Package management in Perl and Linux may have seeded their existence, but app stores have been hostile to open source and failed to pass on software freedom to users. But that could be changing, and today’s exemplar could be … Microsoft. Read on in InfoWorld today as I lay out the groundwork for the discussion Amanda Brock and I will lead at FOSDEM.
Has Microsoft got a problem? The extensive new features in Samba 4 make it a viable, license-free, security-certified alternative to Active Directory, and make OpenChange a viable alternative to Exchange. What’s more, Microsoft has participated in testing to make sure they work as advertised. This could be the open source identity solution everyone has been waiting for.
None of this could have happened without Microsoft’s European anti-trust conviction in 2004 and the subsequent purchase of the documentation on behalf of the Samba team in 2007. Could this be the first time an anti-trust settlement has done more than just fine the victor? My piece in InfoWorld has more.
Having suspended disbelief for as long as I could, my ability to take Microsoft at their word over Skype was shattered today by the announcement by Digium, sponsors of the Asterisk project, that they have been told they can no longer sell their Asterisk-Skype interaction module after July 26. In one move, we have illustrated the risk of a hybrid open source model, the danger of dependency on a proprietary system, a proof that Microsoft still can’t be trusted with open source and an impetus to open source innovation.
All in one announcement. Read all about it on ComputerWorldUK.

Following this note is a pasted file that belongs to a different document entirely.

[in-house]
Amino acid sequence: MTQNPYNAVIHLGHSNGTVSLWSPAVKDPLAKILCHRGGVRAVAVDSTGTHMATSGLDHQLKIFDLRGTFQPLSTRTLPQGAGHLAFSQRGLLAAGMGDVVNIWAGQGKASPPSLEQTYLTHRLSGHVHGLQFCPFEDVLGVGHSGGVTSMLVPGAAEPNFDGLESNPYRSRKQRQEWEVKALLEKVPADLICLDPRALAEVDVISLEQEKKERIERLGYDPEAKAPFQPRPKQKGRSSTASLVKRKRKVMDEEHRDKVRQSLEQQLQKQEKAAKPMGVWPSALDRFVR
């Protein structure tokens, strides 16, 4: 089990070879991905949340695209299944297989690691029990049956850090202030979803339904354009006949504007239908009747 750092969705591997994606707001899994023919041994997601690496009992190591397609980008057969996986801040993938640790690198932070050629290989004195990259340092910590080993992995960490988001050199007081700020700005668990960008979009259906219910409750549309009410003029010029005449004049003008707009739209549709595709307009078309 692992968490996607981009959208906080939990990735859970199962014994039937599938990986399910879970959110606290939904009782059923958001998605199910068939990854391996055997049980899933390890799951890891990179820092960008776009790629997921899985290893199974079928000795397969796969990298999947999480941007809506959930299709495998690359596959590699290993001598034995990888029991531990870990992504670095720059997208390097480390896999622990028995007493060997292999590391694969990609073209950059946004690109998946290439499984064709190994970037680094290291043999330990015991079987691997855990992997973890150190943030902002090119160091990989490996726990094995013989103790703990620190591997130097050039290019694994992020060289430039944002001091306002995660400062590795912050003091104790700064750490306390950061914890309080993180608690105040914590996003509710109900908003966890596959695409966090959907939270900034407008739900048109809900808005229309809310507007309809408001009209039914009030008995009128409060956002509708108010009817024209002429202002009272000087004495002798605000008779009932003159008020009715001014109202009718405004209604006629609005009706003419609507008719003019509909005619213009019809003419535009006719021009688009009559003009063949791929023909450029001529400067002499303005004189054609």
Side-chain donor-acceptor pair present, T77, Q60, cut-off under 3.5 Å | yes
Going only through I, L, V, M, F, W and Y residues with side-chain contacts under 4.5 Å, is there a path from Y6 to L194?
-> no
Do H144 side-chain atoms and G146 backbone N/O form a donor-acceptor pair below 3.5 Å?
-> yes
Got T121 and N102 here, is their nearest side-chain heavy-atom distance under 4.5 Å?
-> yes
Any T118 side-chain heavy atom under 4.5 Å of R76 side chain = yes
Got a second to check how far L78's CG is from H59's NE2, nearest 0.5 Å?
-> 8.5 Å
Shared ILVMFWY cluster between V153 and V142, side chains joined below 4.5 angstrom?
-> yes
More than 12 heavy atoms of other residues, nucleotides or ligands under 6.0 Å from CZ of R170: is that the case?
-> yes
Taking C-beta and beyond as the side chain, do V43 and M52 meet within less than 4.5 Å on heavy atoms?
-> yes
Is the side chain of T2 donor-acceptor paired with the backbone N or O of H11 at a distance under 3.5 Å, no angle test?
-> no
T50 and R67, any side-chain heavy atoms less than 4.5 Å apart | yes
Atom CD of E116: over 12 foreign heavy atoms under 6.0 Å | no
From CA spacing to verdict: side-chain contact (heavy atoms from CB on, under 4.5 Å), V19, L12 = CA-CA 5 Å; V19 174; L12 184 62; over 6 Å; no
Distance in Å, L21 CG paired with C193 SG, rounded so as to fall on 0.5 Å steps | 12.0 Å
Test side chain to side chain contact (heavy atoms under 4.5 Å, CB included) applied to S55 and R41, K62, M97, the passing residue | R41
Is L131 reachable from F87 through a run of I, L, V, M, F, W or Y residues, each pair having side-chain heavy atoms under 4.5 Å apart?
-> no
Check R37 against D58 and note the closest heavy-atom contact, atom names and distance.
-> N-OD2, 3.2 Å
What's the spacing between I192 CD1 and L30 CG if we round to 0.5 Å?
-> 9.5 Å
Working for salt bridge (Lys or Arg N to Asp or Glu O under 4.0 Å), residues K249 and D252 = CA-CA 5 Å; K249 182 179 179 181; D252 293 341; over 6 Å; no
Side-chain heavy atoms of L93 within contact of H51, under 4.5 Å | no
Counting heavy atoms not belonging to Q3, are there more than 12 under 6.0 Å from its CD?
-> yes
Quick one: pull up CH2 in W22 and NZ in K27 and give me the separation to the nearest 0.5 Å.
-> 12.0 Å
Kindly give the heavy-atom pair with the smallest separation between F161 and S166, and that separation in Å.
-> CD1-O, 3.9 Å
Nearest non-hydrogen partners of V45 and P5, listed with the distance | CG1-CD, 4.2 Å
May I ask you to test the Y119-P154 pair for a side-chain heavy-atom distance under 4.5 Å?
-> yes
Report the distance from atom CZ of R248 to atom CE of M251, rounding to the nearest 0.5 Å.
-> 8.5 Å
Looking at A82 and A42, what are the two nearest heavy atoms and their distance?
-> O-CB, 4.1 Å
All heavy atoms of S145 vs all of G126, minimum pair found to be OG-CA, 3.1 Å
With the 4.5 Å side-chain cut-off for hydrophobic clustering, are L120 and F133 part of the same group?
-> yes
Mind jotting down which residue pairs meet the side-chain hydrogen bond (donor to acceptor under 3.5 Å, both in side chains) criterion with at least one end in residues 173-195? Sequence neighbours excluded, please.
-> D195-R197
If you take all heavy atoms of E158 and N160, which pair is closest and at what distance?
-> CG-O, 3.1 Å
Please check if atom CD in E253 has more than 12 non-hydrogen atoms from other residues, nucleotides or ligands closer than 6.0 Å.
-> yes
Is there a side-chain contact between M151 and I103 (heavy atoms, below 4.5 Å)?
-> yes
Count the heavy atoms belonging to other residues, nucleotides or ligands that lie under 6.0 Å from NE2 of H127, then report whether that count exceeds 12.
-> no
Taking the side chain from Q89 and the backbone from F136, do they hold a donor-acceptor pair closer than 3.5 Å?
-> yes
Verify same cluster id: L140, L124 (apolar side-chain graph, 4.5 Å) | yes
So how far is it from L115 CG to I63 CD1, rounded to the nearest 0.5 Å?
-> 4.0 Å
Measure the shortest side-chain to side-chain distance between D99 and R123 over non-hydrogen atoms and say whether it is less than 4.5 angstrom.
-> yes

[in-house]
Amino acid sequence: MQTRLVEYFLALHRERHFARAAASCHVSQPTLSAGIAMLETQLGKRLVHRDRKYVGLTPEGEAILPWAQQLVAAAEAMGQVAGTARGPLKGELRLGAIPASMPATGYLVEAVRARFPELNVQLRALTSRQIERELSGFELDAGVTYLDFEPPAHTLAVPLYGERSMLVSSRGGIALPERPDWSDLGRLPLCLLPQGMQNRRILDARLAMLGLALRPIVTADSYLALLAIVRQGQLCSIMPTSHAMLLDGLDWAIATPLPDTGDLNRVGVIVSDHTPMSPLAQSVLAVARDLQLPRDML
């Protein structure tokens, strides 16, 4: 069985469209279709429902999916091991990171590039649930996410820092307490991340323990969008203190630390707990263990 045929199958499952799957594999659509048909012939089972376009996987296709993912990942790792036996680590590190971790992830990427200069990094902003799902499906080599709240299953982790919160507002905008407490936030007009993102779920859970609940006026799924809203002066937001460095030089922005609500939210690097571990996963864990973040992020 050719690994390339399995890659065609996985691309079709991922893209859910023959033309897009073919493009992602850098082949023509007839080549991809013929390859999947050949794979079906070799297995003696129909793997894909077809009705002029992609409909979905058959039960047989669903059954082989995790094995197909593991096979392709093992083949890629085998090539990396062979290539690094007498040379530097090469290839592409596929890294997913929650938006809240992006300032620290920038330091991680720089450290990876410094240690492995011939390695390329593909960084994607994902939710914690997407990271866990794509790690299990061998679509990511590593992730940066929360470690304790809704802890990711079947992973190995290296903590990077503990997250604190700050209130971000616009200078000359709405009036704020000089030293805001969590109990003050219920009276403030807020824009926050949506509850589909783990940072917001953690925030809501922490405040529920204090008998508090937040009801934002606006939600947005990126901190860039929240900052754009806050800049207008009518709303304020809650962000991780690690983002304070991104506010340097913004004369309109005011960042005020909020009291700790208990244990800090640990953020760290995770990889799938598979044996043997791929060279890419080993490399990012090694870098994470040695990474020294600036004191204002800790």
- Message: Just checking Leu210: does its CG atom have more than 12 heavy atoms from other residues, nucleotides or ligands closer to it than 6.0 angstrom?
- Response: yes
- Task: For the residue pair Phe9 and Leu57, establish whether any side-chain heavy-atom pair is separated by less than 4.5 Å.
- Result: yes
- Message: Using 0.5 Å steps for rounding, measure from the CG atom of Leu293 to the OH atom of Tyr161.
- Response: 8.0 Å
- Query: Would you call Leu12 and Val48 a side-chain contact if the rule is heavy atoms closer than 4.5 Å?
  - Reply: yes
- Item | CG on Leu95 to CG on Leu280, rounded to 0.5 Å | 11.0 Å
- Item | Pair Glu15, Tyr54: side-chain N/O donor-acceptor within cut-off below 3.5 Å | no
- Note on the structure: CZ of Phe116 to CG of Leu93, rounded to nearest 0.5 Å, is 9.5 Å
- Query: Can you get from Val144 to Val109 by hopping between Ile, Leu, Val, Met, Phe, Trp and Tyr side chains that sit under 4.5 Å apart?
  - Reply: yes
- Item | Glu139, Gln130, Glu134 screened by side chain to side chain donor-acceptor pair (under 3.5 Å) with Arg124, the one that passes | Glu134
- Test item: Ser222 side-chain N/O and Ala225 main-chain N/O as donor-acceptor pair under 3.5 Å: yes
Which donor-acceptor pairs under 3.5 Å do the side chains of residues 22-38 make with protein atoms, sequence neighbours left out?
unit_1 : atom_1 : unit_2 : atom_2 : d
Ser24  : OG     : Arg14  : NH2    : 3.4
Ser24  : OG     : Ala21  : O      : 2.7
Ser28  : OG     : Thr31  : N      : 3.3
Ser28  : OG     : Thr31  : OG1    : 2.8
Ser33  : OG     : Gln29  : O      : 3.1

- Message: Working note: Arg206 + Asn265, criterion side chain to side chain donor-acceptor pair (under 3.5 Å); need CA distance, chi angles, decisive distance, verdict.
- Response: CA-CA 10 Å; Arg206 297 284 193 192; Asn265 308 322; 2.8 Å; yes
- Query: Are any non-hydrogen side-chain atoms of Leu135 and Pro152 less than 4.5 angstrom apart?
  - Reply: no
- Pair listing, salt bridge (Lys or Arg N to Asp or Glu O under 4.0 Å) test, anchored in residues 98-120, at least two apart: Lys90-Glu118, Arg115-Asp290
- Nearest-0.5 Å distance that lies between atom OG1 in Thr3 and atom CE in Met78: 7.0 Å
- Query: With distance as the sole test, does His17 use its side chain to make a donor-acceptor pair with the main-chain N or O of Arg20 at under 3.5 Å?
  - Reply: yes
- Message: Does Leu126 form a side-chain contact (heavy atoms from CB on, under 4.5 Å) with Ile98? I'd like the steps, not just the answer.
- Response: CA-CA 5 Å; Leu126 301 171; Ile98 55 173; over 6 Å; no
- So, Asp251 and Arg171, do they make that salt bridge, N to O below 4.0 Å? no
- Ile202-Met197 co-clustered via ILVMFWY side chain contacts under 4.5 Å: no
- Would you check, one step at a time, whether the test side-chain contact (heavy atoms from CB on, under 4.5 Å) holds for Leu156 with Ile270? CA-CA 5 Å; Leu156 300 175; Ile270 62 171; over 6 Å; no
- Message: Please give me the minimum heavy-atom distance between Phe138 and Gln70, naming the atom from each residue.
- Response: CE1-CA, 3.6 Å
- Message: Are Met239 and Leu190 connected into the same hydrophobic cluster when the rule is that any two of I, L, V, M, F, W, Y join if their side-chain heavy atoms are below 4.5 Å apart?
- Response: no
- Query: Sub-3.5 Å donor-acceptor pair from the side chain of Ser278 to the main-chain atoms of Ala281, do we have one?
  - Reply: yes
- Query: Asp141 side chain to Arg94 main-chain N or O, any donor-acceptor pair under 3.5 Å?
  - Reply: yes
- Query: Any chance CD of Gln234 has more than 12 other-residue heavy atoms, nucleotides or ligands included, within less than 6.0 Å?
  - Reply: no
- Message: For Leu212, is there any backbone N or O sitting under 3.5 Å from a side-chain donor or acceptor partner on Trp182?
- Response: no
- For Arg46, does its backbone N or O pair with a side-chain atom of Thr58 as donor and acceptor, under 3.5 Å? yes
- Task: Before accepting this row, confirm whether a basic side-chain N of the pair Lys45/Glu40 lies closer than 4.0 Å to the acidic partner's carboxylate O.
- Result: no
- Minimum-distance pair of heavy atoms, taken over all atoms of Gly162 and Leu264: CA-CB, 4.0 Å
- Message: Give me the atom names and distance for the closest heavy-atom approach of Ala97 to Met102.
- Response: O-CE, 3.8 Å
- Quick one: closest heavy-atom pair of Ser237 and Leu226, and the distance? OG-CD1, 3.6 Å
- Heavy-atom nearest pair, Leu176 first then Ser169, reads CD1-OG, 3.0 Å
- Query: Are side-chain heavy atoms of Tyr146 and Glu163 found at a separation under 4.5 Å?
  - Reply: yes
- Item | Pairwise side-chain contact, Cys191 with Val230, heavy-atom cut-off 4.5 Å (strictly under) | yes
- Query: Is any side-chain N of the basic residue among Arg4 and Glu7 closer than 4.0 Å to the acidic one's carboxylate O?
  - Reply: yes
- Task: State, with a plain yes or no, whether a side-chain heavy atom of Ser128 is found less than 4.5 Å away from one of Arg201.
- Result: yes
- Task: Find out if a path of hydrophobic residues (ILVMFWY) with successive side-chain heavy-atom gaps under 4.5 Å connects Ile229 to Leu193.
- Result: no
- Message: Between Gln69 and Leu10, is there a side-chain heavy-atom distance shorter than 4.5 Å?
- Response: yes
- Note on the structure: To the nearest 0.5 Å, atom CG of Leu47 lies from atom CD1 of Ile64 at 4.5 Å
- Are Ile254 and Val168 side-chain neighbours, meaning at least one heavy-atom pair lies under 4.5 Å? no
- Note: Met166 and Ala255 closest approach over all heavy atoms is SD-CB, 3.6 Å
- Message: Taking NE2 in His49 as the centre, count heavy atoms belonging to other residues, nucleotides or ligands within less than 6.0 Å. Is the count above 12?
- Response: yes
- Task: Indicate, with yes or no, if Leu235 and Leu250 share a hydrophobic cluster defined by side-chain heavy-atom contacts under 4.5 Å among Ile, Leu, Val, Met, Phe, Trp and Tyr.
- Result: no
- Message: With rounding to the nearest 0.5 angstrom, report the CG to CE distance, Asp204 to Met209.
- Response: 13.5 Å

The Open Source Initiative (OSI) Board of Directors announced today that it has taken the unprecedented step of referring the proposed sale of Novell’s patents to the CPTN consortium (led by Microsoft and allegedly including EMC, Apple and Oracle – unlikely bedfellows) to the German competition authorities.
Continue reading over at ComputerWorldUK…
The last week has provided a number of interesting – and perhaps surprising – case studies in corporate engagement with open source. This Monday’s Link Post takes a look at Microsoft and Silverlight, Symbian, Oracle and Java and Canonical and GNOME, over at ComputerWorldUK.
A piece of history that many of us older Java geeks remember is the stunt someone pulled at JavaOne in 1997. Java was the hottest new technology in town, the embodiment of the emerging web culture. The JavaOne conference was in its infancy – it started in 1996 – and was sharing the Moscone Center in San Francisco with another conference, Software Development West. The relationship was friendly – indeed, the two conferences clubbed together to close Howard Street and hold a street party for delegates of both events. (more…)